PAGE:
Are there any discussion questions, curriculum, videos, or other materials that would help readers engage with your picture books?
I would encourage readers to find me on social media and subscribe to my blog. I post videos, curriculum pointers, upcoming readings and events, and other writing. And I love to engage with my community.
What do you find to be the most difficult part of creating children’s books today and what is the most rewarding?
The most difficult part is probably figuring out the logistics of it - the distribution element (since my book is independently published) and also reaching out to the world to let them know you have a great product. It is a skill I am still learning. And of course, figuring out how to make a living financially as a writer is hard.
The most rewarding - I have to say I love every aspect of it even the difficult ones. I love coming up with an idea, writing the first draft, revising it and seeing it take shape, sharing it with critique partners, and making it stronger. I love seeing the story come to life with illustrations and finally in a book. And even though marketing it is hard, it has enabled me to connect with my readers and be creative with other content. I don't feel like I am doing a job when I am writing or doing any aspect of bringing my writing to life. It is exciting and joyful. And that, I think, is its biggest reward.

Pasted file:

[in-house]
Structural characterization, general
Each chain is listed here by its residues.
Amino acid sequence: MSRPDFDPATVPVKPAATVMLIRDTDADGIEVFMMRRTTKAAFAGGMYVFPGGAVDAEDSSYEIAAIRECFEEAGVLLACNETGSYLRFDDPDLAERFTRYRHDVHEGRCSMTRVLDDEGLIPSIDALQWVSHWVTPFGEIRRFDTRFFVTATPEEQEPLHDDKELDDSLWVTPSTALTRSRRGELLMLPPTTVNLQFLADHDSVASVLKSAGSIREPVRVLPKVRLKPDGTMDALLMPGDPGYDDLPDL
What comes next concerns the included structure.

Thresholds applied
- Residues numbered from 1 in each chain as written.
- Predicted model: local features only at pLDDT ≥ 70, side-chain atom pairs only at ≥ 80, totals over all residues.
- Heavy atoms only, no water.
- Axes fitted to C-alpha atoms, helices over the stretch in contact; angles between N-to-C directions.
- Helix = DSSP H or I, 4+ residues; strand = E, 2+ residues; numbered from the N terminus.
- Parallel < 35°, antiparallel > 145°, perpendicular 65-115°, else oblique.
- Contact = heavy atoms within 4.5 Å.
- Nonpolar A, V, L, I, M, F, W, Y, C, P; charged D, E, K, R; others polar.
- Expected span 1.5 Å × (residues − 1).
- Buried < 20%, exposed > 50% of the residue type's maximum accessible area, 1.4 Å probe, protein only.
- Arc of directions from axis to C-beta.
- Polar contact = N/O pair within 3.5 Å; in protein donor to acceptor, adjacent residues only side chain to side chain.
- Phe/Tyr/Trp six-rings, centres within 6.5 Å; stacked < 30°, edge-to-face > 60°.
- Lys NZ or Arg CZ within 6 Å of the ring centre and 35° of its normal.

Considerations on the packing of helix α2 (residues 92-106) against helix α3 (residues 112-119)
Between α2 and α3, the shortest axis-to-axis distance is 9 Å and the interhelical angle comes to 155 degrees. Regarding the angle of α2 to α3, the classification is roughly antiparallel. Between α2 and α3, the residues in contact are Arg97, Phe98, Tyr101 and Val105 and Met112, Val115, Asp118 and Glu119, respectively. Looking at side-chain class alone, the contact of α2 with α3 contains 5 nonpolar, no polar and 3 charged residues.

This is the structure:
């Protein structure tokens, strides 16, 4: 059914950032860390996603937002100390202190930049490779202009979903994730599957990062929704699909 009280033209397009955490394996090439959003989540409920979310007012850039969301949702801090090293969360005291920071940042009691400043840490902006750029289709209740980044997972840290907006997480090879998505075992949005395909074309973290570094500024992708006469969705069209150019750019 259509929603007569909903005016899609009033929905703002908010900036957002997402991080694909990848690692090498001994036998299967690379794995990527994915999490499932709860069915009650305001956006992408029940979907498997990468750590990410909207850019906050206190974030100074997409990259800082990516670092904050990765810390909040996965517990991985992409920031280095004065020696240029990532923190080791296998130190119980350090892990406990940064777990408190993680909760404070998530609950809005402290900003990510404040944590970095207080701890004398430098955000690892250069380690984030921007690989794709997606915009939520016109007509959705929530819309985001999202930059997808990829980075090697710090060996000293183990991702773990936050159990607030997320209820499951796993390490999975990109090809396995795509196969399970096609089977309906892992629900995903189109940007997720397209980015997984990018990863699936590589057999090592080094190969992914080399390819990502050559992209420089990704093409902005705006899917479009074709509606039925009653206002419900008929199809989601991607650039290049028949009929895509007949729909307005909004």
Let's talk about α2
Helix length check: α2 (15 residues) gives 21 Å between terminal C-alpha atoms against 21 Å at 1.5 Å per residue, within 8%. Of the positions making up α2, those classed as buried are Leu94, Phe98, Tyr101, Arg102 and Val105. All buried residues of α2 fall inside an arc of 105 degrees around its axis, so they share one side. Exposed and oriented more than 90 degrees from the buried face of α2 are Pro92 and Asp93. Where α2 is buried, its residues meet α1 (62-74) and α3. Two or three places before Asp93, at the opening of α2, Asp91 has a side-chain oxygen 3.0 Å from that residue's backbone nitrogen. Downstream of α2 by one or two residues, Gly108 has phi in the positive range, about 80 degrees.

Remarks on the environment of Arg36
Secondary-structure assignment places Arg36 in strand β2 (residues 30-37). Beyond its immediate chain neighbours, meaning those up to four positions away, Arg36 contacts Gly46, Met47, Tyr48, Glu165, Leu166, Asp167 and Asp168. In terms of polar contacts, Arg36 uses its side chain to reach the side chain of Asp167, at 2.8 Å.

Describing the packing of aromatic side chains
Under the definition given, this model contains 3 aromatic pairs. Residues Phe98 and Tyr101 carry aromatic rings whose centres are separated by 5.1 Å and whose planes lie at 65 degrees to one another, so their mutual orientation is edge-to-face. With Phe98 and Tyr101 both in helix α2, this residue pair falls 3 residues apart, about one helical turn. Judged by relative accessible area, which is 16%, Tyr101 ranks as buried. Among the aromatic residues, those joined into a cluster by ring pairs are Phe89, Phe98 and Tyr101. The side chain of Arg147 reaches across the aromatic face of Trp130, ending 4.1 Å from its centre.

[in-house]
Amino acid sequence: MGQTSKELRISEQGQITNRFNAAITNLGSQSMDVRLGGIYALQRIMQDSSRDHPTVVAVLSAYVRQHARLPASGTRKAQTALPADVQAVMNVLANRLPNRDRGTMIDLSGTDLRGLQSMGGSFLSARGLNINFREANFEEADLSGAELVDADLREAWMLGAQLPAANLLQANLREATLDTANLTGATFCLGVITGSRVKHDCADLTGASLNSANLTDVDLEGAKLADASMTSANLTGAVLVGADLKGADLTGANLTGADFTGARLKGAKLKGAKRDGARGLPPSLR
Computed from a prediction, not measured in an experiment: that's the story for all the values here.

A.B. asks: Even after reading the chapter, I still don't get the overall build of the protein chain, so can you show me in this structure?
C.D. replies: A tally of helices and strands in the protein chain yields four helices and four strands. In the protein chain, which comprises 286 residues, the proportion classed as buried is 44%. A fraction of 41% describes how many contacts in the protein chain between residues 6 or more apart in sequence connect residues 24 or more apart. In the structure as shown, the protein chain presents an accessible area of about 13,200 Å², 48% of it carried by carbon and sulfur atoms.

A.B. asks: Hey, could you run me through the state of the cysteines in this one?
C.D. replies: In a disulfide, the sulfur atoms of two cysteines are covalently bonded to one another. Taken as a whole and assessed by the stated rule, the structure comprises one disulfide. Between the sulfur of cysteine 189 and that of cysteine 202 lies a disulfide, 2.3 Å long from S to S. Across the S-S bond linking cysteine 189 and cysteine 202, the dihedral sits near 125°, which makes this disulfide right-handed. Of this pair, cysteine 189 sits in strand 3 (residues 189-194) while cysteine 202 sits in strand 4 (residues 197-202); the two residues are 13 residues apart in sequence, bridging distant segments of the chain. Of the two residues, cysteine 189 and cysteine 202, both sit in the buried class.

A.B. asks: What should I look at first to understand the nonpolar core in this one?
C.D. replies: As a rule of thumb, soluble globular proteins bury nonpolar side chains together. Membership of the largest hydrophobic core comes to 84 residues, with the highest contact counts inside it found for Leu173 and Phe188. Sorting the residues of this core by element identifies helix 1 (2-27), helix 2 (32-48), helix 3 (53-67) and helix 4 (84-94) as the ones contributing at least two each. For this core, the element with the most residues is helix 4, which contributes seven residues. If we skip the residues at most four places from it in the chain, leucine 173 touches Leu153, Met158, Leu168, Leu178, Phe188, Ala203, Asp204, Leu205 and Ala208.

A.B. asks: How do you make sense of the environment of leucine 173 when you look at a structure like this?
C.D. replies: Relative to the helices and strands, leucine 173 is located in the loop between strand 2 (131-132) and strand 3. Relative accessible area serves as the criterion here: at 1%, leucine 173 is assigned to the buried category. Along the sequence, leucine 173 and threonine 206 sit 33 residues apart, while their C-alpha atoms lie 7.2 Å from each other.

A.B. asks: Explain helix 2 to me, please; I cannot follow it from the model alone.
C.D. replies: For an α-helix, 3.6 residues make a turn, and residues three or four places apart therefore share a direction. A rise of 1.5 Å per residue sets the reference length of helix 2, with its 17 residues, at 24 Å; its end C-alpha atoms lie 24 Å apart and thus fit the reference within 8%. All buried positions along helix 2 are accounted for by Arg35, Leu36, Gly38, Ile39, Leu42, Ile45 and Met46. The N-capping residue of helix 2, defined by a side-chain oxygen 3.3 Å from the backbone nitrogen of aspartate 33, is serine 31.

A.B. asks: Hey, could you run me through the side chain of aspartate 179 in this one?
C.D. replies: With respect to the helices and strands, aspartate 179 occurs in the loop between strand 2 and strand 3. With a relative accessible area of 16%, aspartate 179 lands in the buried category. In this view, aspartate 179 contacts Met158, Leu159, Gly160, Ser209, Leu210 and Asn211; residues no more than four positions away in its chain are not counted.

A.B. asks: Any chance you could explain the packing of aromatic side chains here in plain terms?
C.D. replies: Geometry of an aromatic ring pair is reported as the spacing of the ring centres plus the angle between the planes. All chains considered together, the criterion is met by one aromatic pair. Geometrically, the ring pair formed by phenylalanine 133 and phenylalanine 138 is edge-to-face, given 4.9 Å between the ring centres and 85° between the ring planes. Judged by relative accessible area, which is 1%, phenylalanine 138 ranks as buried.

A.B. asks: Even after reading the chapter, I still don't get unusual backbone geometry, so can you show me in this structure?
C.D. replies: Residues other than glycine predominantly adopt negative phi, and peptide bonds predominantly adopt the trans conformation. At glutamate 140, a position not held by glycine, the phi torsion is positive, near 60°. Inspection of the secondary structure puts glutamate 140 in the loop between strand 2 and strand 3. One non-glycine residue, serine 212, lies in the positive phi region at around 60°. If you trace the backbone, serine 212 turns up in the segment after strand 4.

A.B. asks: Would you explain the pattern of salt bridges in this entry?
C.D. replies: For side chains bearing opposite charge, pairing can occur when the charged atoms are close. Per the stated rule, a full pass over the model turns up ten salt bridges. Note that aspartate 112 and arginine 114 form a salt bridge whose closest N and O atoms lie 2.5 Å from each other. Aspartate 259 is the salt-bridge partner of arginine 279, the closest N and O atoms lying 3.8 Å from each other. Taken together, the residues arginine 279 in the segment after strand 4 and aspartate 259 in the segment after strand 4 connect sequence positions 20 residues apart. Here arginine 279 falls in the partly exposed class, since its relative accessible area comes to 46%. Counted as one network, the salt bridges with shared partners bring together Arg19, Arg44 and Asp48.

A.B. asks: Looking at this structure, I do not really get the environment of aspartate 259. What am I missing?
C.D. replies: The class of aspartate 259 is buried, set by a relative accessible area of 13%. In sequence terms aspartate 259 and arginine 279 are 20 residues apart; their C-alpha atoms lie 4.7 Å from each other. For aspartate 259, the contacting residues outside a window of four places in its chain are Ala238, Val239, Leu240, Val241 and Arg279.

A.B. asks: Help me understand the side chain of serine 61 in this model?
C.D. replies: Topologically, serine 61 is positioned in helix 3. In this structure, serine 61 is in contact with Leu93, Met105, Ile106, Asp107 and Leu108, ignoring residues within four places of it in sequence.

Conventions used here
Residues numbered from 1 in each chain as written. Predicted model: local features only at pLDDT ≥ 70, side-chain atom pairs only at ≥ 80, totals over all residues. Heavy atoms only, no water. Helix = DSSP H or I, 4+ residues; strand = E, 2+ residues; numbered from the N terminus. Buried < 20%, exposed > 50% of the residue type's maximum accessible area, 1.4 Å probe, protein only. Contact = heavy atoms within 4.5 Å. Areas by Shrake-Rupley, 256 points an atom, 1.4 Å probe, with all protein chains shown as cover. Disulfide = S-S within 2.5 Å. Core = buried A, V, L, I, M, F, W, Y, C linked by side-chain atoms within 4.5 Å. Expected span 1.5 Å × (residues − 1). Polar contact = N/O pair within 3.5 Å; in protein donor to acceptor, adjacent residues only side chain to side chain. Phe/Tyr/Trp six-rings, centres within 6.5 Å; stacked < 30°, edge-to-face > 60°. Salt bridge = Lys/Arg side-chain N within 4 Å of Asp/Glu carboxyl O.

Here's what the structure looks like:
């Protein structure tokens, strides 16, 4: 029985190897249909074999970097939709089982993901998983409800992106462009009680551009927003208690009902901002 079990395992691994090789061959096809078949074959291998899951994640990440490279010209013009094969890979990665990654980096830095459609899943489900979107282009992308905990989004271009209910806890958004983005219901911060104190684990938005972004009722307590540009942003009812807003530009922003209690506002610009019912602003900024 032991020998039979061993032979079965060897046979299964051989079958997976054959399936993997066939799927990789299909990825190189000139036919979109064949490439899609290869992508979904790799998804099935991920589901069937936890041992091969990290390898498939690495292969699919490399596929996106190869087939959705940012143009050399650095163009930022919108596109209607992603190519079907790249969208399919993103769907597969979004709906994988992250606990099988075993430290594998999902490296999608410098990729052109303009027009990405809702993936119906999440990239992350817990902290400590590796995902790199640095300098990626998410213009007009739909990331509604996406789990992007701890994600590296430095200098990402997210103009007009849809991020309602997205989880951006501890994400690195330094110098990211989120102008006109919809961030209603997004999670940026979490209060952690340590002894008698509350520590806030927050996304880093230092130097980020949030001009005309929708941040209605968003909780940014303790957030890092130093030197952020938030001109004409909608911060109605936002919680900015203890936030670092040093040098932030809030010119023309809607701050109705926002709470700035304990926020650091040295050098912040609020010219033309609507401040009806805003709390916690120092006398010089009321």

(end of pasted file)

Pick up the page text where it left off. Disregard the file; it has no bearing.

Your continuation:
Are you working on anything now?
I am working on several manuscripts that I hope to bring out soon.
What is your favorite childhood book?
I used to love reading Amar Chitra Katha, a graphic novel series based on Indian mythology stories, and Enid Blyton books.
And last, can you share your gulab jamun recipe with us?
My gulab jamuns recipe is often to drive out to the closest Indian/South Asian grocery store and buy a can or box of it! Or of course, ask my Mom to make it when I visit. I wish I could cook like I write. But thankfully, there is a recipe in the book by a talented blogger and food recipe developer Hetal Vasavada and that should give you the same sumptuous gulab jamuns as in my story.
Idu (Ee-doo) and Adu (Aa-doo) are very excited. Guests are coming over for dinner and their Mamma has already cooked a lot. Next, she is cooking Gulab jamuns, but Idu and Adu don't know what Gulab jamuns are. Before long, they discover just how good these wonderful golden, sugary syrup-soaked balls are and how quickly they melt in their mouths. But Mamma has only made 10 Gulab jamuns. Will they last until their guests come?--Back cover